Noise Levels Final Words
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  • vailr - Tuesday, January 29, 2008 - link

    The "photo gallery" from CES (Jan. 2008) included a photo of Arctic Cooling's "Freezer Xtreme". Any idea when that CPU cooler will be available?
    I have a screen capture of the photo, but can't locate it on Anandtech.com for posting the link.
    It's an "8-pipe cooler that only weighs 600 grams".
  • vailr - Wednesday, January 30, 2008 - link

    Found the link:
  • Cardio - Tuesday, January 29, 2008 - link

    "In fact, they are so good at stock performance that it is easy to recommend one of these coolers as a way to extend your CPU life even if you have no intention of overclocking."

    Really, has anyone ever had to extend the like of a stock cpu?
    I have never even seen a stock cpu that failed due to age. They last lots longer than their useful life.
  • teohhanhui - Tuesday, January 29, 2008 - link

    I've been using the Arctic Cooling Freezer 7 Pro for about half a year now. It's mostly quiet and cool, even with my Pentium D 830. Recently, the dust collecting in my Cooler Master Centurion 5 case has caused the CPU to overheat under 100% load(and that powered off the PC). Anyhow, I 'd definitely recommend it to anyone using a stock Intel HSF, especially for the extremely hot Pentium D's.

    I'm glad that AnandTech finally reviewed it. Why didn't you highlight the fact that the Freezer 7 Pro beats every other coolers tested so far at AnandTech at stock speed(at both idle and load, in both aspects of temp. and noise)?
  • Tuvoc - Tuesday, January 29, 2008 - link

    At long last you tested the Freezer 7 Pro !!

    These are simply outstanding coolers for the price.

    My Q6600 at 3.0GHz stays under 60C on all cores at full load per Coretemp, in total silence with fan rpm barely breaking 1,000 rpm. There is simply no need for a cooler any better for this level of CPU performance.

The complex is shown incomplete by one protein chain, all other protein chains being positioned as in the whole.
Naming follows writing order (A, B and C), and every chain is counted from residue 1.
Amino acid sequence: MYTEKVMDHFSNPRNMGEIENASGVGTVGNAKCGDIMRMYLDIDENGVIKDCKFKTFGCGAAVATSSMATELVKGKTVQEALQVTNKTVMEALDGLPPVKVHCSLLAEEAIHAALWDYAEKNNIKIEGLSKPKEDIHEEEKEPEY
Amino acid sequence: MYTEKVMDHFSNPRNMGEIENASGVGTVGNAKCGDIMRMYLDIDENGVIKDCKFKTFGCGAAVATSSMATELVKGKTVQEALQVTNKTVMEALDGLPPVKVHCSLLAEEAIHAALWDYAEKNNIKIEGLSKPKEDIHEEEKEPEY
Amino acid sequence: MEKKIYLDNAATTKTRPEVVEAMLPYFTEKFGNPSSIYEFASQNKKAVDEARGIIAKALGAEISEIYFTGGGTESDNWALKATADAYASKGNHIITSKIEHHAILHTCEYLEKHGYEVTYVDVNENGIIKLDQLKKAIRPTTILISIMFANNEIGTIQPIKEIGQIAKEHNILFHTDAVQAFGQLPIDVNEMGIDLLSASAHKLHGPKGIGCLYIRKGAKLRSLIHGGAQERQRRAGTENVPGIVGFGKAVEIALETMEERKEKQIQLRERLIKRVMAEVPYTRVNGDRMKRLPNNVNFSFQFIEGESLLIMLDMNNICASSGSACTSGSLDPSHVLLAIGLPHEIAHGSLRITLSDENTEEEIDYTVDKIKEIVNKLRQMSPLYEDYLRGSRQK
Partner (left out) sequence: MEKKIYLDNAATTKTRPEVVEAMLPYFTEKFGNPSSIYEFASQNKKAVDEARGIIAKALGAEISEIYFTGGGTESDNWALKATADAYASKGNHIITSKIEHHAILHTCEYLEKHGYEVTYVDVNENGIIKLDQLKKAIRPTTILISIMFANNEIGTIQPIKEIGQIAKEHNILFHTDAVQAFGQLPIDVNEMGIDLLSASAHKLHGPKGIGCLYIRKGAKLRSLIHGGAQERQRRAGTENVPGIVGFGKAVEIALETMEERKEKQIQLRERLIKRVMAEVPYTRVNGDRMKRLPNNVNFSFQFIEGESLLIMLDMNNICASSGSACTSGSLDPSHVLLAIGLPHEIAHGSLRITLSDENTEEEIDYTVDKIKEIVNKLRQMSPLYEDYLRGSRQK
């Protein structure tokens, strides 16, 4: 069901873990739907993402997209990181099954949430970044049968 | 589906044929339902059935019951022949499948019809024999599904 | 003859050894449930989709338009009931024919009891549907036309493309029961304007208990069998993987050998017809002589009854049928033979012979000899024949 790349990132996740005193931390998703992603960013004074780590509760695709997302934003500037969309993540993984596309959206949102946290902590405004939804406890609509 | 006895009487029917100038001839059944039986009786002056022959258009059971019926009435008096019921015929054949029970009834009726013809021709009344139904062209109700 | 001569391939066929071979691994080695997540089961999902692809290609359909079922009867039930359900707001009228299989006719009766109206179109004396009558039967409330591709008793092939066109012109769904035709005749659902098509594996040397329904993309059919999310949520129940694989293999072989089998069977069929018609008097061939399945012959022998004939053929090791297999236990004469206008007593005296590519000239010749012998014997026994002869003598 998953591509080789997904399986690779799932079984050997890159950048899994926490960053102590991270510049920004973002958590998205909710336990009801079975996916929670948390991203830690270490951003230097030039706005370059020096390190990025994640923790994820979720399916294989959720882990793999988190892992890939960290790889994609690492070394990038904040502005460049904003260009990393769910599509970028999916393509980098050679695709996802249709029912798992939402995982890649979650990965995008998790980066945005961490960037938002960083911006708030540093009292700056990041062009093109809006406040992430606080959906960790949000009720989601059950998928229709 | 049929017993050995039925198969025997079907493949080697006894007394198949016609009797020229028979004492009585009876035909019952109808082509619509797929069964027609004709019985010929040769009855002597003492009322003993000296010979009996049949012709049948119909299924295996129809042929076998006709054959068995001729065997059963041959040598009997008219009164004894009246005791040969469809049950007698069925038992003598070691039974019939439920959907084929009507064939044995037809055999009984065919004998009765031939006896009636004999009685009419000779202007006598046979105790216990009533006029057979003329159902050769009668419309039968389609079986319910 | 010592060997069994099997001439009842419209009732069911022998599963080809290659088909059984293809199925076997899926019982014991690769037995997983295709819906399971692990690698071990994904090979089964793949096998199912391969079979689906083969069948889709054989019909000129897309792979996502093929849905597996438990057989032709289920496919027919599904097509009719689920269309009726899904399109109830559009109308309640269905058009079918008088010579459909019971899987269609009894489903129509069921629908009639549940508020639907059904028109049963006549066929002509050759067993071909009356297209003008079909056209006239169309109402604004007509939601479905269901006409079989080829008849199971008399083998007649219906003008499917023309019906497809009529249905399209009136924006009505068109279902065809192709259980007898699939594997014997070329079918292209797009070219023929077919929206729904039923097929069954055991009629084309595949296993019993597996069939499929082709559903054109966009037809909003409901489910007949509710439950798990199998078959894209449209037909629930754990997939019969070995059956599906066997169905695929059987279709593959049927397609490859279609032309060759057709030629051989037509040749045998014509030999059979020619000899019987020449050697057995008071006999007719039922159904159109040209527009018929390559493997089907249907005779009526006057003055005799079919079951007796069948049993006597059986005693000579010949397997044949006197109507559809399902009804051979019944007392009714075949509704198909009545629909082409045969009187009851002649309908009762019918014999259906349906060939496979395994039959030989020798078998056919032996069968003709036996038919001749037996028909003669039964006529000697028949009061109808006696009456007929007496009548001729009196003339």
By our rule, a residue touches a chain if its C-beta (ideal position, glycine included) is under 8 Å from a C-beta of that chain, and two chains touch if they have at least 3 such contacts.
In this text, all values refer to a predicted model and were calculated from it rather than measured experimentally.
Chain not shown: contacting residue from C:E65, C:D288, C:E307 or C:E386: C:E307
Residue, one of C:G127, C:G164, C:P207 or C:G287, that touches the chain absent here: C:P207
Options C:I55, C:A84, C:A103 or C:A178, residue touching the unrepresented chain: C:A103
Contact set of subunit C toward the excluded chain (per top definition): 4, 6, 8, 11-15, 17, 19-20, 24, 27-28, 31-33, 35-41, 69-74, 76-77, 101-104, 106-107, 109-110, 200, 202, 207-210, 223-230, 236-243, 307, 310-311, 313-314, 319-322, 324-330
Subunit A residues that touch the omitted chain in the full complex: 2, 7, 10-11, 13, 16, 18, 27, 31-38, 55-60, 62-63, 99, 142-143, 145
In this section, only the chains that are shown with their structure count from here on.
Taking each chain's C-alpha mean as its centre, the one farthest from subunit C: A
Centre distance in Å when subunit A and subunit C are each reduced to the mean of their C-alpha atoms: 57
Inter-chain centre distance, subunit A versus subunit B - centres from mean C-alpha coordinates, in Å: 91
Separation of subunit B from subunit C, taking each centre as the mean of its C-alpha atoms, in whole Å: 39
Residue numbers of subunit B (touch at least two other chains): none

My QX6700 is a different story - there the Freezer 7 Pro kept the cores at a within-spec 70C but with the fan at 2,600 rpm and with associated noise. I replaced that with a Thermalright 120 Extreme, and that CPU now runs at 3.0Ghz with core temps under 60C. At least a 10 degree drop compared to the Freezer 7 Pro.

    So, Freezer 7 Pro does have it's limitations, but for all but extreme overclocking, or the B3 core quads, it is all 99% of people will ever need.

  • Glenn - Tuesday, January 29, 2008 - link

    I have a Freezer Pro over top of a E6750 at 3.3ghz. Runs very cool and quiet. I also have the alero on the vid card and use Artic fans to cool the case. Overall a very quiet system. The only noise I get is from the Earthwatts 380 power supply which is comparativly quiet to other PS's.

    Interestingly, I used the Artic Freezer on my other system with a Q6600 Quad Core running at 3.4 prior to replacing it with a Tuniq Tower! I really spent the extra $ for the tuniq for nothing! Although the temps were down by about 3C across the board, it didn't allow for any higher overclock! Plus I pick up more noise to get those lower temps!

    My first experience with Artic came with the imported coolers for the original Slot A K7 CPUs and I have always been impressed with their engineering and quality. The keep a very high standard and I doubt I will venture far from them in the future as long as that continues!
  • imaheadcase - Tuesday, January 29, 2008 - link

    You should mention in article this is also good for OC. This is the cooler most get to overclock the 1.86ghz c2d over 3ghz.

    Not sure why you said it was good for just stock cooling..its great for OC.
  • Wesley Fink - Tuesday, January 29, 2008 - link

    We also tested and reported overclocking on page 8, and the coolers are fine for moderate overclocking. It is just that neither cooler comes close to the top overclockers we have tested. The Alpine 7 dissipates 90W, and the Freezer 7 Pro dissipates around 130W. The top Thermalright Ultra 120 eXtreme performance shows it is dissipating around 165W. Most of the top air coolers we have tested dissipate 150W or more.
  • Polynikes - Tuesday, January 29, 2008 - link

    This is a pretty old product to be reviewing... I've had my Freezer 7 for well over a year, and I'm sure it had been around a bit before that.

    That said, it is by far the best bang for the buck HSF you can get. Those giant towers may cool better, but they're huge and are hard to get in even some fairly large cases, and are much more expensive.
  • Manch - Tuesday, January 29, 2008 - link

    I have the Antec 900 case with the giganto fan up top can it be mounted to blow upwards? I wonder if the freezer pro 7 would even better? Either way